• Coordinating with other hospitals on recruiting and using volunteers
  • In addition to volunteers, medical students, nursing students, and retired or out-of-state health care workers may be used to reinforce hospital staffing
  • Staffing plans, work assignments, layoffs, furloughs, cancelling elective services.

7) Are there adequate supplies of Personal Protective Equipment: during the SARS outbreak of 2003, one 1300-bed hospital reported daily PPE use during the peak: 3000 disposable isolation gowns, 14,000 pairs of gloves, 18,000 N95 respirator masks, 9500 ear loop masks, and 500 pairs of goggles.

8) Is there a program for the Psychological Effects on the Health Care Worker and Community: Data on the psychological effects of a pandemic are limited, but experience with natural disasters suggests that stress reactions could be common, and human service workers may have a high risk of post-traumatic stress disorder.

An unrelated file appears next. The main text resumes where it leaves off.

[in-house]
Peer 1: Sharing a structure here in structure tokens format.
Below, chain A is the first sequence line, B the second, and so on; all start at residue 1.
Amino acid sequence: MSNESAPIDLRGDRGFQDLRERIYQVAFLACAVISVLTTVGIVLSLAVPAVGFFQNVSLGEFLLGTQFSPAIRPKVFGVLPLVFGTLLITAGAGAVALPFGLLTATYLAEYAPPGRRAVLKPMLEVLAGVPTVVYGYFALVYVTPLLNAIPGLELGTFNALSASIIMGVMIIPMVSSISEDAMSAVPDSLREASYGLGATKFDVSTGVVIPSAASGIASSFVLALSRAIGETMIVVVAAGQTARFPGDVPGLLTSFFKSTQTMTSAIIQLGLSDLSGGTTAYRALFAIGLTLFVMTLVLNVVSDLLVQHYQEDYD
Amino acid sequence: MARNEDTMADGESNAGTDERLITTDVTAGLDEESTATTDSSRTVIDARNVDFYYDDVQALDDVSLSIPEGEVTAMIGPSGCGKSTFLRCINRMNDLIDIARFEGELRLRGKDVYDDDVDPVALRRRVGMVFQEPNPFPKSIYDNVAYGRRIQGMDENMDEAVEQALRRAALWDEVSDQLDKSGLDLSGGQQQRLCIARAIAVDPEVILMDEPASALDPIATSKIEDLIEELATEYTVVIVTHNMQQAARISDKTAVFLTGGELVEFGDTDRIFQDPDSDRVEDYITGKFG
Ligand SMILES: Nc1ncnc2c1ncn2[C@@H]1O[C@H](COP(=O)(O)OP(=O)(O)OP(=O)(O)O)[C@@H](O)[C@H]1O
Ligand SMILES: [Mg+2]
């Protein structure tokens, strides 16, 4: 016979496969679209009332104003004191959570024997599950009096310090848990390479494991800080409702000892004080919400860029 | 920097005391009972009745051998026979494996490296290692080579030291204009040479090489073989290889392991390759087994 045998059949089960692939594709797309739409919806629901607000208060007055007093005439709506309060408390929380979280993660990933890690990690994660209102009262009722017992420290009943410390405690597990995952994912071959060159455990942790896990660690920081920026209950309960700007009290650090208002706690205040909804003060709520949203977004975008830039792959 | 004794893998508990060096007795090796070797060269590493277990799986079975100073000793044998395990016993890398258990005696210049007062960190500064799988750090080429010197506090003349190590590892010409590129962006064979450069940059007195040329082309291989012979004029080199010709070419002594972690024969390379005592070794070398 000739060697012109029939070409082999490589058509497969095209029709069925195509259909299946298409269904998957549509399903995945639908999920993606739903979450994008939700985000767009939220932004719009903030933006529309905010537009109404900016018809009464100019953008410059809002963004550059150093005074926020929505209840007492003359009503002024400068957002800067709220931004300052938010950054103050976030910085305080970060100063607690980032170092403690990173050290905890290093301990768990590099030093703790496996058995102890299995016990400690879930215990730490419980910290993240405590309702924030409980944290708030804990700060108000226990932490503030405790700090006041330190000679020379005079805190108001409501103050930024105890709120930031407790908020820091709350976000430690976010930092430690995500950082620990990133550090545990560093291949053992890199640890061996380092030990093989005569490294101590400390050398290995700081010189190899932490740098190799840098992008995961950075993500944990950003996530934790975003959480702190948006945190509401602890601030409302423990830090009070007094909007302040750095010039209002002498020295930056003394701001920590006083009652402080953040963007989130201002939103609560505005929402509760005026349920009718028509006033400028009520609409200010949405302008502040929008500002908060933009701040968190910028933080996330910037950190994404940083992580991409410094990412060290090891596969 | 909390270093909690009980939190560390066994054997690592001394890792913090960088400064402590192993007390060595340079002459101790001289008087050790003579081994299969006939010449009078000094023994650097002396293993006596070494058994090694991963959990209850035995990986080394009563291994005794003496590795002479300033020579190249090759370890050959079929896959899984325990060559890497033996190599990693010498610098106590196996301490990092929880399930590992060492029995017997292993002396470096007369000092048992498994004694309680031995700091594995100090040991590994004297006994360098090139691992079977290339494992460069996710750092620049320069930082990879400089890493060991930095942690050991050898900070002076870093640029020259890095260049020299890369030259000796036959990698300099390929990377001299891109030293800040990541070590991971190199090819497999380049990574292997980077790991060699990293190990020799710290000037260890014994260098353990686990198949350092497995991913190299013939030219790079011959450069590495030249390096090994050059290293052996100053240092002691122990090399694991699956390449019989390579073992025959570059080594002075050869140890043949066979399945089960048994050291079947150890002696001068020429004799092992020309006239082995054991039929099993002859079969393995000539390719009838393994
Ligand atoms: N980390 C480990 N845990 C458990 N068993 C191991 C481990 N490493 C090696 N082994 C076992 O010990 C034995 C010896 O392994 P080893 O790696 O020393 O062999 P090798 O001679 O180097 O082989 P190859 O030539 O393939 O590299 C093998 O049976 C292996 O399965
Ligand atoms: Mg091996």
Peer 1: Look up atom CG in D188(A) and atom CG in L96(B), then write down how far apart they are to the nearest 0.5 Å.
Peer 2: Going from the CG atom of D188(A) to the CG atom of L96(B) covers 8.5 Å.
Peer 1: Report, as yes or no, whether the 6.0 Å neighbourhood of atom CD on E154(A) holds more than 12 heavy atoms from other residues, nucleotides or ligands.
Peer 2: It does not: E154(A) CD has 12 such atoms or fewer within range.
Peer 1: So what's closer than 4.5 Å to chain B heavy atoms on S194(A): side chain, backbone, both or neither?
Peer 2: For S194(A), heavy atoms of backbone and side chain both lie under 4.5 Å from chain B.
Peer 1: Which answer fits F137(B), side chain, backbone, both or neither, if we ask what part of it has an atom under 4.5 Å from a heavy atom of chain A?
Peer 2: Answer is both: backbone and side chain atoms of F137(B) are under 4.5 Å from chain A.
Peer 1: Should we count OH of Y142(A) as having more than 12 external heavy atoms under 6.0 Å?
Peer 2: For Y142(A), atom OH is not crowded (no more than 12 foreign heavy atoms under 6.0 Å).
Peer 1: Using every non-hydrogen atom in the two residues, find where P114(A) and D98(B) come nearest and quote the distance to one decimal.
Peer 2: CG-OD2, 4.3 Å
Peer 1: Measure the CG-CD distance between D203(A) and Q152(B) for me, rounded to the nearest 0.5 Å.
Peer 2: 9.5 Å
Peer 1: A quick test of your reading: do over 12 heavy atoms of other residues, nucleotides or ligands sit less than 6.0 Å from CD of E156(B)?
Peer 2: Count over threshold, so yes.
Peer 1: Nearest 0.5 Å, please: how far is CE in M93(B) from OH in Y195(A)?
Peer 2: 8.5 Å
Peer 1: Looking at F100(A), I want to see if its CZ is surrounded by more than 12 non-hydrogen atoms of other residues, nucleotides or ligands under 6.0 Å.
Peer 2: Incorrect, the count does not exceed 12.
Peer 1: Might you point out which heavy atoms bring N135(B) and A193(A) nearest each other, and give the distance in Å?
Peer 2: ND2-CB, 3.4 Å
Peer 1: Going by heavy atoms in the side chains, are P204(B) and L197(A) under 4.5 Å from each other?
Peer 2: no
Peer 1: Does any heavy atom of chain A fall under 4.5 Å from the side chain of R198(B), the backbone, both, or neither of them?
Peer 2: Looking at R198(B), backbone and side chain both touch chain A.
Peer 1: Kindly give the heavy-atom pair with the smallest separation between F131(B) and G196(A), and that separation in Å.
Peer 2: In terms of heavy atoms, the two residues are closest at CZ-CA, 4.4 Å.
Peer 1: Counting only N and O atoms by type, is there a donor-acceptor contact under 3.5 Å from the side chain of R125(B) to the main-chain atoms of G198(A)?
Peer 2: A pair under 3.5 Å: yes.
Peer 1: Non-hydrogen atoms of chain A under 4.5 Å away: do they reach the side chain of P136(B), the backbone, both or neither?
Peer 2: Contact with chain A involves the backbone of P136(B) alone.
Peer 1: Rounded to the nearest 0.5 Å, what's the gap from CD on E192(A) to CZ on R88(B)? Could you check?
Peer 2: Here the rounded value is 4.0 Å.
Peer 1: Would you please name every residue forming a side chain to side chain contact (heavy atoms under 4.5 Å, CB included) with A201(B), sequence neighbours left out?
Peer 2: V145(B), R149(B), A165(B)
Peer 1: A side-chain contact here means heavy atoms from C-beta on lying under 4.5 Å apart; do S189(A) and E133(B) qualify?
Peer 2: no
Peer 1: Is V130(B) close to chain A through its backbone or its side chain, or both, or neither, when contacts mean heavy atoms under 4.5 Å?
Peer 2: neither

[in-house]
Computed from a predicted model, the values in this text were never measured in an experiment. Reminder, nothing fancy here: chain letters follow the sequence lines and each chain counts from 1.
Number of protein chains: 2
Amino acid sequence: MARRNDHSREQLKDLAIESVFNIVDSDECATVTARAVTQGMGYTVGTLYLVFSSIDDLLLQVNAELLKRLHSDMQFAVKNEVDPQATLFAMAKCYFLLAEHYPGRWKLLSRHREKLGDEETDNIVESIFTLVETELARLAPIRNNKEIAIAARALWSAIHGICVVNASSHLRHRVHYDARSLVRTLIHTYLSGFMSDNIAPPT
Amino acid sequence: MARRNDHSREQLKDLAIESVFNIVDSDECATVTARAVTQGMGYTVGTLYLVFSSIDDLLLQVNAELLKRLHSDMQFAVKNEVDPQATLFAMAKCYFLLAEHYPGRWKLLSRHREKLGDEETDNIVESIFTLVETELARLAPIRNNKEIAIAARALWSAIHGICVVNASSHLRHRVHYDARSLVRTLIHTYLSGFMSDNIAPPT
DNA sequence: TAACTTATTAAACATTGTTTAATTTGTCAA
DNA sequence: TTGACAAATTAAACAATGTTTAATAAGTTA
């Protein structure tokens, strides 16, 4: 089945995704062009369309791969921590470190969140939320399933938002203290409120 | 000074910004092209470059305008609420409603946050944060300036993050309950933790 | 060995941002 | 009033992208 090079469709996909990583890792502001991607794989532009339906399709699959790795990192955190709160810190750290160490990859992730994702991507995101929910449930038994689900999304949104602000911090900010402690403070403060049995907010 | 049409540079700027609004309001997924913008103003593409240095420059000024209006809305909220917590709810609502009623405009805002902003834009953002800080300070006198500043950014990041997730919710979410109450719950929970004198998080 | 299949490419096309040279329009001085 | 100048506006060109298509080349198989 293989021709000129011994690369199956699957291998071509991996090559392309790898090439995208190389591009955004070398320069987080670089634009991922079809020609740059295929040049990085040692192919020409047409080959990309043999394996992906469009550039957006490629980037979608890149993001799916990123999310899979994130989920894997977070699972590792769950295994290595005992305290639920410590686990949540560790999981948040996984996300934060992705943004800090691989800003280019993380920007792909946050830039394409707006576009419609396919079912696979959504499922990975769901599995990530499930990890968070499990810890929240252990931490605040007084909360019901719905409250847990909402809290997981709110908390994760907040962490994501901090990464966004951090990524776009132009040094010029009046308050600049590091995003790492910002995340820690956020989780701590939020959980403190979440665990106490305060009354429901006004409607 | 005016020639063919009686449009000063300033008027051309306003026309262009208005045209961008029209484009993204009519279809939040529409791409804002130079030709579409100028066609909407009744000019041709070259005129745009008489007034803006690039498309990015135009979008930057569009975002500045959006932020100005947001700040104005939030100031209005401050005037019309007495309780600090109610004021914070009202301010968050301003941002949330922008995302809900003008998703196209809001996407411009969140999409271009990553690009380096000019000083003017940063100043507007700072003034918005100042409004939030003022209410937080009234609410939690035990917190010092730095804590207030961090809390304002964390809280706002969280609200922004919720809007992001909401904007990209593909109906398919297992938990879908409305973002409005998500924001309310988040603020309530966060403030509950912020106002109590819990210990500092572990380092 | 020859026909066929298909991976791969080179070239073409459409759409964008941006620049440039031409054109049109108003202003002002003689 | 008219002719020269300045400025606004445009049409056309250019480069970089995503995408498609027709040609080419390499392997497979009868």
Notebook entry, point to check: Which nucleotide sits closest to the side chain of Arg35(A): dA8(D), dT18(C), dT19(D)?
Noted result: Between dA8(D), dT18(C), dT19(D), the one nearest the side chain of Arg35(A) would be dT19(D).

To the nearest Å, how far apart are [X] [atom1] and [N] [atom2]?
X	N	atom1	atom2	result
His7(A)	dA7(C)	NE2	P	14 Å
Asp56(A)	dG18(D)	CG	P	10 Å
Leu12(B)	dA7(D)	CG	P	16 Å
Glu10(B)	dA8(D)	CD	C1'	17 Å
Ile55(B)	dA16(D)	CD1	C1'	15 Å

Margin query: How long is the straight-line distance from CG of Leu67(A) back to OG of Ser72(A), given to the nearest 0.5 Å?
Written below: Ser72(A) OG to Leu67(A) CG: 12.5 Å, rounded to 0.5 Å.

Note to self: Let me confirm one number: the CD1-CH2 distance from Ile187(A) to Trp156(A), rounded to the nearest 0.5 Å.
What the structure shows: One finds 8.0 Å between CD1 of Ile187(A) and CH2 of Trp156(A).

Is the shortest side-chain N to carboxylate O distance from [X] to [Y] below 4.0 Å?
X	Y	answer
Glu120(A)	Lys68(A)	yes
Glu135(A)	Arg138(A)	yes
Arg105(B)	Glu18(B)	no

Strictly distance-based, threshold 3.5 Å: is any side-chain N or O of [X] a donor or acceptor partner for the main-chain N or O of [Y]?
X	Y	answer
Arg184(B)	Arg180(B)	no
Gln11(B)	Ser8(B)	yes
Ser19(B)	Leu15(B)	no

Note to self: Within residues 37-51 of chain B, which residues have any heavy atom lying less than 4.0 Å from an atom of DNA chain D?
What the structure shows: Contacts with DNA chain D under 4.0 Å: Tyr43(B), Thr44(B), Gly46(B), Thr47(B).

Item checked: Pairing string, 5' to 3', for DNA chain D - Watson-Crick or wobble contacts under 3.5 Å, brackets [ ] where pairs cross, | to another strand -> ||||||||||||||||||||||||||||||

9) Has there been a plan for Mortuary Operations: surge of patients and increase in mortality will overwhelm the organizations ability to process, care for and provide proper storage for bodies?
The United States and all Healthcare organizations must heed the Covid-19 outbreak and apply lessons learned after the National response is fully evaluated. As High Reliable Organizations, we all need to share and learn from this response. We need to plan to be prepared. We need to ensure that plans are flexible enough to adjust to the situation, but still be effective. We need to utilize the current resources to ensure that our supply and equipment needs can be met in a timely manner. We need to tap into the Public Health Emergency Preparedness (PHEP) cooperative agreement which allocates roughly $620,250,000 a year for States and highly populated areas to prepare for emergencies. We need an All Agency organized system to prevent the US stockpiles from being quickly depleted and supply chains from becoming bogged down.